(body) or leafy appearance with no true
root, no stem.
Asexualy reproduce by gemmae (group of
cells that detach from the thallus and can
start a new plant)
Figure 4: Gemma cup, Gemmae can detach and start a new plant
Nonvascular Plants
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Mosses usually have a leafy shoot.
–
Can reproduce asexually by
fragmentation.
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Mosses prefer dump, moist and shaded
location, but could survive in deserts too
Vascular Plants
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They contain vascular tissue (Xylem and
Phloem).
Xylem transports water and dissolved
minerals up from roots.
Phloem transports sucrose and other
organic compounds throughout the plant.
Vascular plants are divided into plants with
seed and seedless plants
Seedless Vascular Plants
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Vascular seedless plants are
homosporous.
Ferns are example of seedless vascular
plant.
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Most abundant in warm, moist, tropical
regions,
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An egg is produced in an archegonium.
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A sperm is produced in an antheridium.
Seed Plants
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Vascular plants with seed are
heterosporous ( have two kind of spores)
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Microspores develop into pollen grain
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Megaspore develop into egg
Vascular plants with seed are classified
into Gymnosperms and Angiosperms
Gymnosperms
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Gymnosperms have ovules and seeds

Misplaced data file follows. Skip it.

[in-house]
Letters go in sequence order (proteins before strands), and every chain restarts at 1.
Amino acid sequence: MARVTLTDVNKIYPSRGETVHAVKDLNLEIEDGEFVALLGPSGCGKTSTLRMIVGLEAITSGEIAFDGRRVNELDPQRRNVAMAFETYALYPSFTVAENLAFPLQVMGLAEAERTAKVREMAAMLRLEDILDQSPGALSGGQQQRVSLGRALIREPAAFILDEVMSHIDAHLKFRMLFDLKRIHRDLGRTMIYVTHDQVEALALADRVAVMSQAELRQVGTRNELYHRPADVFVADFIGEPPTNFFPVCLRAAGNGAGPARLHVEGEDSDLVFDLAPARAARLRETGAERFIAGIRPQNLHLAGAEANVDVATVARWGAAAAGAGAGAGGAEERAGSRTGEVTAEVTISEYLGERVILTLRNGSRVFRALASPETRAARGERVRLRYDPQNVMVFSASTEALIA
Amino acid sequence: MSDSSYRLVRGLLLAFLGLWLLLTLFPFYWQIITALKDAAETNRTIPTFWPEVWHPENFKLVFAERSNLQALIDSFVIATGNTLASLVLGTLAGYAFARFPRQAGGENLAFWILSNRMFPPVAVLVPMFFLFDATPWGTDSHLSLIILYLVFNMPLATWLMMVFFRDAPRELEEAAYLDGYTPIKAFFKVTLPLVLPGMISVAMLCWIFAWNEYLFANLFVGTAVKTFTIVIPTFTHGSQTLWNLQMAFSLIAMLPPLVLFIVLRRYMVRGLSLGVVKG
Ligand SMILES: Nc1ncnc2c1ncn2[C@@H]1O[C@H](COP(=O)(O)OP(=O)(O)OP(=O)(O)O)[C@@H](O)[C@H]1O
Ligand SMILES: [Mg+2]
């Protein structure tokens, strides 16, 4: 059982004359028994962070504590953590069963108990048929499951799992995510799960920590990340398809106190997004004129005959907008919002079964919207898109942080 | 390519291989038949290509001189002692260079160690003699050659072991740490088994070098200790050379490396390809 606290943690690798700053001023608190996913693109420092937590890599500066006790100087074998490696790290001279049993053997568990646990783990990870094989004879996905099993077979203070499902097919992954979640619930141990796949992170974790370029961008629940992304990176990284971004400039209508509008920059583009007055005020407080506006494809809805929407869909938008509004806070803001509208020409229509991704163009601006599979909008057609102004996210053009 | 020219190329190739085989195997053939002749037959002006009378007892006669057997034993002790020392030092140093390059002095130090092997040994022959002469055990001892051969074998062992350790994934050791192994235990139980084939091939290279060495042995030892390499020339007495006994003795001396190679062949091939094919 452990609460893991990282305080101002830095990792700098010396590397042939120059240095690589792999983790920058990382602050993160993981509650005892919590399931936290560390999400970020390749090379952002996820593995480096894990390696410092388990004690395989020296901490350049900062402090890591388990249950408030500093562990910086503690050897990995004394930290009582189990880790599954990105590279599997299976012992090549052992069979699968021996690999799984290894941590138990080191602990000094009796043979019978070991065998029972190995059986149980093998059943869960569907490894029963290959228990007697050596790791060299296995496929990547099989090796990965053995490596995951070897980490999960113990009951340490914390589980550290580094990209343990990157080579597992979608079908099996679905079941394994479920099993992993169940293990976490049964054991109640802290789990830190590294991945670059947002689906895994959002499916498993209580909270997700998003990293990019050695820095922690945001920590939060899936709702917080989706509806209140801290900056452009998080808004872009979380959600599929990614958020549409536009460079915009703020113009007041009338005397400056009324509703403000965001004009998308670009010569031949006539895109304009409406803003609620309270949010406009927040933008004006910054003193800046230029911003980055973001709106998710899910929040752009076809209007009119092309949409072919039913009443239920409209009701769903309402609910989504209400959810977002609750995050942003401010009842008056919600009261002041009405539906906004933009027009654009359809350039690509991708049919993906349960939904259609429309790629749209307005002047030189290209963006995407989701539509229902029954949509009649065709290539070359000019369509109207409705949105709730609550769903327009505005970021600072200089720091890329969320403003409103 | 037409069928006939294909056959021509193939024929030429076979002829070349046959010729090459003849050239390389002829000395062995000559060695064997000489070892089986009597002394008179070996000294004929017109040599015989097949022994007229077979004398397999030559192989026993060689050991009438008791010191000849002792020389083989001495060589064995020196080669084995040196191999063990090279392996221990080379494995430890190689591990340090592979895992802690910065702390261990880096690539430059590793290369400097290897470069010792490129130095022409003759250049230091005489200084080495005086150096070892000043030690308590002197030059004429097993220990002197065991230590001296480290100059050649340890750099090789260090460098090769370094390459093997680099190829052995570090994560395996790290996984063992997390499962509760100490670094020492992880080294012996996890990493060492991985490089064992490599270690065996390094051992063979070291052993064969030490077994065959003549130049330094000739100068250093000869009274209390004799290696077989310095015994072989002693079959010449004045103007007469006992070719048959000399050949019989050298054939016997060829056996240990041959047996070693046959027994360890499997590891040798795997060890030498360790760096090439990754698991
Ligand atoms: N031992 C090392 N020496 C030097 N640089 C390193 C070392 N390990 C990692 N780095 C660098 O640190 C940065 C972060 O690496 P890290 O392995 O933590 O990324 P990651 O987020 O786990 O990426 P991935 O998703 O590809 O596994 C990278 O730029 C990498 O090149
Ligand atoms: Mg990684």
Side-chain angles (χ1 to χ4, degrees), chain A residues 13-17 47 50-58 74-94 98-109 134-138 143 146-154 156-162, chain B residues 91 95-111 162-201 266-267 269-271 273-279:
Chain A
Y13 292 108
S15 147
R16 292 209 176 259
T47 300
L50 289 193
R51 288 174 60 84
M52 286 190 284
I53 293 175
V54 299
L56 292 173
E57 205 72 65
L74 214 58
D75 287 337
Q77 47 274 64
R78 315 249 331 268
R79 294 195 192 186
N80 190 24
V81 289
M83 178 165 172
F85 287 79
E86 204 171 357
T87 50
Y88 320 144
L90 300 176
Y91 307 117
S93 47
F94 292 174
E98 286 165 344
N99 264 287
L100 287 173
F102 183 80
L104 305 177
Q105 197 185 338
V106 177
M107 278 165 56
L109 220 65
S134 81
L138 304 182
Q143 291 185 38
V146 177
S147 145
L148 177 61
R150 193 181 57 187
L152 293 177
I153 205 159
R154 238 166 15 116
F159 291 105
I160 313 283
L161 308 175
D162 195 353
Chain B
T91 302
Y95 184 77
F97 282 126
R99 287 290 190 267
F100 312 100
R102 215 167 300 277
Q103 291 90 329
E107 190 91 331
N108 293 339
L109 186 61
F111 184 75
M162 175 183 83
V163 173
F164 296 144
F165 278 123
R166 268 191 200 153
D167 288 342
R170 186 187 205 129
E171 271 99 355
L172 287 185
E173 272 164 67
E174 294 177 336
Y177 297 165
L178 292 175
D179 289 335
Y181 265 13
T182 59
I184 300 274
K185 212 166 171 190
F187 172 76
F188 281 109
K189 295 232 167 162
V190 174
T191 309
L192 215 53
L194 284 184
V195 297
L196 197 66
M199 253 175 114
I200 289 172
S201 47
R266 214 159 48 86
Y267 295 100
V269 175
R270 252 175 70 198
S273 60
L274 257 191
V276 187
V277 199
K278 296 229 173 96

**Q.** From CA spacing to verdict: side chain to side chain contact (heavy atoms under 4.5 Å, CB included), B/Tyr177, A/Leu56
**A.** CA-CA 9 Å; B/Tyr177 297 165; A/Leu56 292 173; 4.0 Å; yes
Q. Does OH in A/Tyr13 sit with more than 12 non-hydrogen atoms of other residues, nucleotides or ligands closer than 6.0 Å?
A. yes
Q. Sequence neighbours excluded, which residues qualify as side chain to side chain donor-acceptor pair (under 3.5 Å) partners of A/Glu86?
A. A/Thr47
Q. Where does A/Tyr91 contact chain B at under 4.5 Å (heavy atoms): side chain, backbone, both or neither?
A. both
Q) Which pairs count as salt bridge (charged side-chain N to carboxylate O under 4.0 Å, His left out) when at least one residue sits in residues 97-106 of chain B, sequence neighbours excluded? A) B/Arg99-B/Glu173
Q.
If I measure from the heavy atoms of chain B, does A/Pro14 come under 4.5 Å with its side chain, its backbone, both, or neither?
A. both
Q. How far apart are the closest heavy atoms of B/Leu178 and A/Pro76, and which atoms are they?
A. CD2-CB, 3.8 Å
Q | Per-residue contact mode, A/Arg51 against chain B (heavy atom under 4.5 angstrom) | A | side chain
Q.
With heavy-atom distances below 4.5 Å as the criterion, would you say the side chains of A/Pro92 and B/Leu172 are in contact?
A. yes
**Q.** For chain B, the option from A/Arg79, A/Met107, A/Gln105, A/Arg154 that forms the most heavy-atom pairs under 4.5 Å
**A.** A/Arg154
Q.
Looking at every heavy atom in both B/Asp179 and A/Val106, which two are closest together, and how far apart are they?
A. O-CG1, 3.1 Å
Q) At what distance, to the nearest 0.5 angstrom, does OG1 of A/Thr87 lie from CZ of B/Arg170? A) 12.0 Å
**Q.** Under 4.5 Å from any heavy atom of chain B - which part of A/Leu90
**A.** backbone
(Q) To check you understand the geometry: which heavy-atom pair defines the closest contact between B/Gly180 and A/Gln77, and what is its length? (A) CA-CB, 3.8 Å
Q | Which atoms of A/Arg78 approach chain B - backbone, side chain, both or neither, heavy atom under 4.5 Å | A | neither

exposed on the surface of sporophylls.
Examples of Gymnosperms are Conifers
and Ginkgoes
Conifers - bear cones
Ginkgoes - some trees produce seeds and
some produce pollen.
Pine Life Cycle
Pine Life Cycle
In the pine life cycle, female cones remain on the tree
over two years.
Angiosperms (flowering plants)
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Angiosperms are an exceptionally large and
successful group of plants.
live in all sorts of habitats, from fresh water
to desert, and from rigid north to the torrid
tropics.
Monocots and Eudicots
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Two classes of flowering plants.
–
Monocotyledones (Monocots)

Flower parts in three or multiple of
three.

Usually parallel venation in leaves
–
Eudicotyledones (Dicots)

Flower parts in four or fives or
multiples of fours or five .

Usually net venation
The Flower
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Flower consists of petals, sepals, stamen
(male reproductive organs) and carpel
(female reproductive organs).
Each stamen consists of an anther
(produce pollen) and a filament (stalk).
Carpel has three major regions.
 Ovary
 Style
 Stigma
Flowering Plant Life Cycle
Flowering Plant Life Cycle